"I'm a historian, and that freaks me out."- Mike Tyson

  • West Coast rainmaker's picture

    TheKing wrote:

    J.C.Penny Could be Headed for a Cash Crisis (Business Insider) - I've covered JCP's ongoing "turnaround" before, but it looks as though I might've gone too easy on them. Could it really be headed for financial ruin? CEO Ron Johnson's turnaround plan might turn into a self-imposed race against time.

    I've been trying to get a better understanding of the JCP turnaround. Listening to Ackman's most recent interview, I think the store-within-a-store model includes some fatal assumptions. With just a handful of sub-stores, they generate far higher sales than the rest of the store (I think it was $270 per square foot vs. $100). But I think of this like displays in a grocery stores. Yes, those items sell faster - because they command attention. What Ron Johnson is proposing is analogous to making a grocery store comprised entirely of displays.

    I don't think that JCP will improve until its merchandise/prices improve. Even with their "every day low prices", they are still far more expensive than outlets, shopping online, etc. I have gone into JCP/Macy's, tried on shoes, then ordered online from Zappos.

    The "pins", the AAPL-like checkout process, the layout...I think all of these will alienate JCP's aging customer base. My grandmother would be confused.

    I like Ackman, but the way he described this "town square idea" sounds like a stretch. Nobody hangs out at a clothing store. By pushing this strategy, Ackman/Johnson have to fundamentally change customer behavior.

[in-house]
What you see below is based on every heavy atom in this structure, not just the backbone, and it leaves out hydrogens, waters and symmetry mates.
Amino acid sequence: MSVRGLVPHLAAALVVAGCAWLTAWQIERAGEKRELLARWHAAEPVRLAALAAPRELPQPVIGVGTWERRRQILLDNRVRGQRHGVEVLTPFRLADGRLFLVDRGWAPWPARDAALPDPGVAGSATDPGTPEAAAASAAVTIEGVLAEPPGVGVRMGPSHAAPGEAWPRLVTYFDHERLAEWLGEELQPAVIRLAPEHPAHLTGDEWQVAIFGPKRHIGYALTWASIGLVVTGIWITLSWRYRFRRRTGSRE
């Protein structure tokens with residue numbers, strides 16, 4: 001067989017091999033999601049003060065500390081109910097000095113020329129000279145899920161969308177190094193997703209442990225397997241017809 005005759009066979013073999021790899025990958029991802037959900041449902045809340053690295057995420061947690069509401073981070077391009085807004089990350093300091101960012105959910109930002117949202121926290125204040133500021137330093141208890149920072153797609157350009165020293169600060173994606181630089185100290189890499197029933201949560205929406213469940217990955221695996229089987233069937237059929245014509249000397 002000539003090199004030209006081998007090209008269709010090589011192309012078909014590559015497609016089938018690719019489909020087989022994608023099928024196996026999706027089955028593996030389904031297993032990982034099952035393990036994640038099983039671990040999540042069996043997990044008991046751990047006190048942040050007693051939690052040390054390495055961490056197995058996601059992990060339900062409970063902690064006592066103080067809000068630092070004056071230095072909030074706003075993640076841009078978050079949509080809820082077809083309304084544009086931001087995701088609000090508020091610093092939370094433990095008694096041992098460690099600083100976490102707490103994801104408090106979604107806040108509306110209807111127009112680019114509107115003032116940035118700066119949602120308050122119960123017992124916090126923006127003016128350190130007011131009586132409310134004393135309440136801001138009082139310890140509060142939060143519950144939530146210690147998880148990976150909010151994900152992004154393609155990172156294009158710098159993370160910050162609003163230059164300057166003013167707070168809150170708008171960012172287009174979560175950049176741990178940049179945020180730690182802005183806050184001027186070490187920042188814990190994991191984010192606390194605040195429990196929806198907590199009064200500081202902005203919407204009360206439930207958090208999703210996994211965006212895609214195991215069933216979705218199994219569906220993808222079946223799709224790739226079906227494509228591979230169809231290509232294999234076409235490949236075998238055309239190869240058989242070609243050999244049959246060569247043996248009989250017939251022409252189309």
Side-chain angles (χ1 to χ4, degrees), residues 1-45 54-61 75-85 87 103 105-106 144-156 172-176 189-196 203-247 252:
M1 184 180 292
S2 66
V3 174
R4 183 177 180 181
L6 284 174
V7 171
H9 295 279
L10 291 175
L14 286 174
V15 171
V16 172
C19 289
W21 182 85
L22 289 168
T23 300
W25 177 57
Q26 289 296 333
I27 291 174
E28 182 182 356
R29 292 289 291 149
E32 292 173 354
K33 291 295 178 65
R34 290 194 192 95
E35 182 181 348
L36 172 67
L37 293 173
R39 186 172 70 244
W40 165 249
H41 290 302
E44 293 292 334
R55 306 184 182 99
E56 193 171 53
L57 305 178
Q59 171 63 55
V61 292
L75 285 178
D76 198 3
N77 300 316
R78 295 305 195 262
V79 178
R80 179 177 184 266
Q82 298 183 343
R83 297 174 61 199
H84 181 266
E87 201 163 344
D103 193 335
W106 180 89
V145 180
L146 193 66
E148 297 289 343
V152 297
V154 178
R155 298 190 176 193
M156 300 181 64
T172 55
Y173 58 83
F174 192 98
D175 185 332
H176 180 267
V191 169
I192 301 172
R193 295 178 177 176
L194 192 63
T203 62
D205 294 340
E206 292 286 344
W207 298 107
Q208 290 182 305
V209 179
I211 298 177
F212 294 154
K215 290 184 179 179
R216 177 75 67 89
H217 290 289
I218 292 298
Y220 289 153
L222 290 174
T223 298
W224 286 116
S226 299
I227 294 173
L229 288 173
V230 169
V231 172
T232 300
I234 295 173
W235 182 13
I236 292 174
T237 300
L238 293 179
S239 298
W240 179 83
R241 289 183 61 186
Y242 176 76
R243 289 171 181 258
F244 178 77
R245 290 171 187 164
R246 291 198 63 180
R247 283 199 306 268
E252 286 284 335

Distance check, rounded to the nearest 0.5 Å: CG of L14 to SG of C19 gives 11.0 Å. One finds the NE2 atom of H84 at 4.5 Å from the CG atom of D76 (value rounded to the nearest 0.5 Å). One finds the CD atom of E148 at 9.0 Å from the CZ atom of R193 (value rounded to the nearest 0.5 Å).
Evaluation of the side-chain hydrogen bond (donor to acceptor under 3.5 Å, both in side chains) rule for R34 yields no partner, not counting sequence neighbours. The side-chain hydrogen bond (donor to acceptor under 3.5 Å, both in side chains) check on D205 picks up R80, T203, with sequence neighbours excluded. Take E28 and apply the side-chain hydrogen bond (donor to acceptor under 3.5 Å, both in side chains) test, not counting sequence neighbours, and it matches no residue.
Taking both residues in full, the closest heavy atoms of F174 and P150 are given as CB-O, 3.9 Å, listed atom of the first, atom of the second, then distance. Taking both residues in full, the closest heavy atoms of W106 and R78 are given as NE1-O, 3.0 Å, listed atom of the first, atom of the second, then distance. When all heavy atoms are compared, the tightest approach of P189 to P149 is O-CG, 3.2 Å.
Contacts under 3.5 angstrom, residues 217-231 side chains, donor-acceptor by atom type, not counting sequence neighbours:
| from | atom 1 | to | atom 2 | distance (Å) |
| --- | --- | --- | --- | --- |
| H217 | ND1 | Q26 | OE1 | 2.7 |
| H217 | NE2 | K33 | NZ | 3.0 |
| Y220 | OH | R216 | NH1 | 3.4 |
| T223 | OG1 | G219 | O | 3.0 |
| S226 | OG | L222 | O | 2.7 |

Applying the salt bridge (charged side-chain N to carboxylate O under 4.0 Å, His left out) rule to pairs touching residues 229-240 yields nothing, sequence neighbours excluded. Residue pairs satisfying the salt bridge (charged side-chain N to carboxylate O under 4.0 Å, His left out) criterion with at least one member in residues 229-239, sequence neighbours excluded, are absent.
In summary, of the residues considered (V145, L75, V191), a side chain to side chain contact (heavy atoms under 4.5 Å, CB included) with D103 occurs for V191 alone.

• TheKing's picture

    Was that pin thing real? What the hell is going on around here?

    The display case analogy seems really strong. Sure, the current stores-within-a-store are crushing it, if the entire store becomes a series of stores-within-a-store there's honestly no way that they all perform as well as the first set are. I mean, after all, isn't he basically just turning JCP into a mall? How is this really any different than a traditional mall?

    Btw, I love how Sorkin just hammered Ackman, especially on the idea that JCP is at all analogous to Apple stores. The entire town square idea does seem ridiculous. "Look, your wife will shop in the stores, your kid will play with legos in the street, and your husband will eat seasonal foods in the square!" This sounds like some sort of frankenstein monster of a retail store.

    Side note - it's also funny to hear him talking about rolling out Joe Fresh throughout JCPs nationwide. I don't know how many people realize this, but Joe Fresh actually started by selling its clothes in grocery stores, which gives me a chuckle considering your analogy.

  • In reply to Ron Paul
    Going Concern's picture

    Ron Paul wrote:
    Going Concern wrote:
    . Also my love for Anne Hathaway only grows deeper and deeper.

    Is that considered beastiality (since she is a horse)?

    You take that back, Mr. Paul. You take that back RIGHT NOW. This is not a joke. I know you're 77 years young, but it might not hurt to get your vision checked out. Anne Hathaway is the embodiment of natural sex appeal. She has a hot voice as well.

    "It is not knowledge, but the act of learning, not possession but the act of getting there, which grants the greatest enjoyment. When I have clarified and exhausted a subject, then I turn away from it, in order to go into darkness again"

  • In reply to Ron Paul
    Going Concern's picture

    "It is not knowledge, but the act of learning, not possession but the act of getting there, which grants the greatest enjoyment. When I have clarified and exhausted a subject, then I turn away from it, in order to go into darkness again"